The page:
March, by Geraldine Brooks

Thinking about the Transcendentalists led me to this book, though it’s mostly set in the South during the Civil War. The story follows Mr. March, the absent father in Little Women.

I dislike novels with real people for characters or even characters from other books, like the spate of modern novels with Sherlock Holmes as a main character. It seems like an invasion of privacy. Here, Mr. March is so peripheral a character to Alcott’s books that it didn’t bother me, although the cameos of John Brown, Thoreau and Emerson did.

Brooks conjures up detailed portraits of daily life. Whether set in an army camp, a plantation or a hospital in Washington, the scenes are richly imagined. I wished some of the secondary characters were portrayed with similar depth, but since we were seeing them through Mr. March’s innocent eyes, their similarity to stock characters of 19th century fiction made sense.

What interested me the most was the controversy around his being in the army in the first place. Making choices that I know will change my life has always been hard for me. Whether I invest a lot of thought into weighing pros and cons or just decide on a whim, my choices never turn out the way I think they will. I don’t want to allow such turning points to drift by without a real decision, like Rosencrantz and Guildenstern in Stoppard’s play, but also realise that sometimes I myself am not even aware of the reasons for my choices.

I would like to believe that the choices by which we create our lives are guided by our most fundamental principles, but that doesn’t seem to happen very often. Mr. March trots out the right reasons for joining the army but freely acknowledges the extent to which he was simply carried away by the moment. I most hate making choices where others have to suffer the consequences. Knowing what kinds of hardships his family would face while he was gone, I was surprised that he didn’t even consider the effect on them of his decision to go off to war.

What is the best use of a life, in wartime or in peace? I have not picked up a gun, but I know the seductive desire to hand yourself over to be a tool for some greater purpose. How does one live a good life? And how do we interpret “good”, anyway? It’s easy to measure success by achievements; more difficult to measure it by the quality of the attempts. These are the questions that keep me reading.

Upstream: A Voyage on the Connecticut River, by Ben Bachman

Ben Bachman has written an account of his journey in stages up the Connecticut River from Saybrook, Connecticut, to Pittsburg, New Hampshire. It’s creative nonfiction—true stories written using the techniques of fiction—and Bachman managed to slip in information about history, geology, and modern-day politics of the places he passed without disrupting the flow of the story. Traveling mostly by canoe but occasionally on foot, Bachman observed the moods of the river and its inhabitants, human and otherwise.

He described the river as part of the hydrologic cycle: “not so much a discrete entity as it is part of a much larger global system, not so much a thing as a process.” Absorbed by his descriptions of wind-ruffled water, I learned that streams minimize energy loss by meandering and that there is a standard sequence for riffles: five to seven times the width of the channel.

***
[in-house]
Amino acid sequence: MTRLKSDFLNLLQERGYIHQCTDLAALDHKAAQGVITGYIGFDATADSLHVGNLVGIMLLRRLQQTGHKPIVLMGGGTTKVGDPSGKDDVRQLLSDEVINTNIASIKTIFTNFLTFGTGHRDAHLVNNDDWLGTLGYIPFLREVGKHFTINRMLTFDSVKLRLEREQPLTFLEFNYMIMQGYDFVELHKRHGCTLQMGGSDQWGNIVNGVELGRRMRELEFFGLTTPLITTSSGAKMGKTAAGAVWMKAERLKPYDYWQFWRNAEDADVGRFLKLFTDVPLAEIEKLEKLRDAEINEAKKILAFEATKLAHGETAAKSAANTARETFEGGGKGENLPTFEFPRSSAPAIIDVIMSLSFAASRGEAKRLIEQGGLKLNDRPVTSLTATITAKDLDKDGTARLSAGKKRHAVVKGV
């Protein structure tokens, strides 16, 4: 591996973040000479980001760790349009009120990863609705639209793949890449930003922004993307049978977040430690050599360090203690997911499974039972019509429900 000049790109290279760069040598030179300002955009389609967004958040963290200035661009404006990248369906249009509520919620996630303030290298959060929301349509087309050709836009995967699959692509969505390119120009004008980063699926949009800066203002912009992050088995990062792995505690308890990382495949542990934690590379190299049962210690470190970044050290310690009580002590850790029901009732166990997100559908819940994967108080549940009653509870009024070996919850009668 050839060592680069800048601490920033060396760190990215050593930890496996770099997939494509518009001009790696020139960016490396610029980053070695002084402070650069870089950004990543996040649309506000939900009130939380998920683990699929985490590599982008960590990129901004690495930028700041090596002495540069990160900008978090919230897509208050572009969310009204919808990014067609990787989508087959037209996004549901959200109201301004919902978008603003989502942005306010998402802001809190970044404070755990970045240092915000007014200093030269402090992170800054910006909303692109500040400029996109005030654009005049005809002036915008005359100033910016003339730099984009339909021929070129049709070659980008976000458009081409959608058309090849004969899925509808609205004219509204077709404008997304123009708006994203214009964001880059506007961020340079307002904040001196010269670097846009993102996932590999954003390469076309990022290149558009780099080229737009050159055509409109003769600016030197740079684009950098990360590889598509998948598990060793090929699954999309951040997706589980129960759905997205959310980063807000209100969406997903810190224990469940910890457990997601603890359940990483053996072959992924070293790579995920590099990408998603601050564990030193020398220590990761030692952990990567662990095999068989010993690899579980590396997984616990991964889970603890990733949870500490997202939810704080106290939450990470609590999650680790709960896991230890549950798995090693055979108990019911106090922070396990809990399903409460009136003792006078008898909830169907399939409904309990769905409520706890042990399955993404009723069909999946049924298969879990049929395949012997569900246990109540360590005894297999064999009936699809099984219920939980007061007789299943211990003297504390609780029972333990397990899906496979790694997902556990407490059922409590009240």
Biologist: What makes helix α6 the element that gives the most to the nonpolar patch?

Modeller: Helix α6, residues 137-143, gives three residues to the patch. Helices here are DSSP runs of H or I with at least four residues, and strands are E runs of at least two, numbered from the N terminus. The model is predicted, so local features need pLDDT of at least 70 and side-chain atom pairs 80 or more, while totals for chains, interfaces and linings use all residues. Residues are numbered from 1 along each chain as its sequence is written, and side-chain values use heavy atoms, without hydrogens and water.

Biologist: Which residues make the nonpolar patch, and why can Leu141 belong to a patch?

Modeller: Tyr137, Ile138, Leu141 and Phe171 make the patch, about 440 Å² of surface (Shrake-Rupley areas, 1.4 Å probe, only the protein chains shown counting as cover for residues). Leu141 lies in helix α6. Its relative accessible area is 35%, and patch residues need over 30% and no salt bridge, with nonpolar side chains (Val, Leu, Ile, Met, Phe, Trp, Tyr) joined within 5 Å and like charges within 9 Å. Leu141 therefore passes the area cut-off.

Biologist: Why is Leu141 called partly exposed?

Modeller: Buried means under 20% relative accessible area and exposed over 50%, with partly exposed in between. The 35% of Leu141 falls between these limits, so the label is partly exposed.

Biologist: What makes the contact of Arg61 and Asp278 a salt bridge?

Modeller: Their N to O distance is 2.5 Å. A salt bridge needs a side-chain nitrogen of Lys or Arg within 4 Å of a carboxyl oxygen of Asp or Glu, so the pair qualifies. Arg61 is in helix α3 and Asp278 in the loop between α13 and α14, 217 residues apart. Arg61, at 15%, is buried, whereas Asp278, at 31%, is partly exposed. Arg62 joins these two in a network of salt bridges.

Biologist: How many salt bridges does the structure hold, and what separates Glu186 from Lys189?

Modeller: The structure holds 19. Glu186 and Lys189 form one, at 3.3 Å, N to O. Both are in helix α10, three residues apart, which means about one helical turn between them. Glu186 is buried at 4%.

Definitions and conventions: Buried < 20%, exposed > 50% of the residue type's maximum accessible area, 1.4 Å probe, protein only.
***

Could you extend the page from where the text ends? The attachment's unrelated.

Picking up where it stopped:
The river encompasses unimaginable history. I was entranced with his discovery of fossilized Triassic ripples and even dinosaur tracks 100 million years old, and riveted by his descriptions of the industry and politics behind the locks and old stone mills.

Most of all, though, I loved the way he brought New England, especially Massachusetts, alive for me. This is the time of year I most miss being in Massachusetts: October, when the trees are turning and the air is clear. Bachman wrote of a winter afternoon, “The air had that superb, absolutely dust-free clarity that . . . makes it seem as though you are seeing true colors for the first time.”

It was reading Emerson and Thoreau that made me move to Massachusetts in the first place. I wanted to walk their paths and discover the richness of each moment of life that they described. “Every hour and season yields its tribute of delight,” Emerson wrote. Truly the New England woods were a joy to me, far away from the smothering vines and tangled underbrush of the woods back home in the south. In Massachusetts I found not only a sense of the past but also the place where we as Americans became ourselves. De Tocqueville had to coin the word ‘individualism' to describe Americans. (Yes, I’m well aware that America is more than the U.S., stretching as it does from Nunavik to Tierra Del Fuego. We need a new word.)

Emerson wrote of the need for public duty to balance that individualism, weighing solitude and society. Thoreau wrote about our life in nature, away from the prison of a house. Bachman’s book speaks to both. The railroad yards of East Deerfield and Holyoke’s wooden three-deckers find their place in these pages alongside the cliffs and clouds, alewives and shad, eagles and mergansers. And always the river, whether tumbling down falls or spreading into pools. Dammed, diverted, exploited or ignored, the Connecticut River cuts through my beloved New England. Bachman’s book carried me up that river, revealing unsuspected delights and diversions.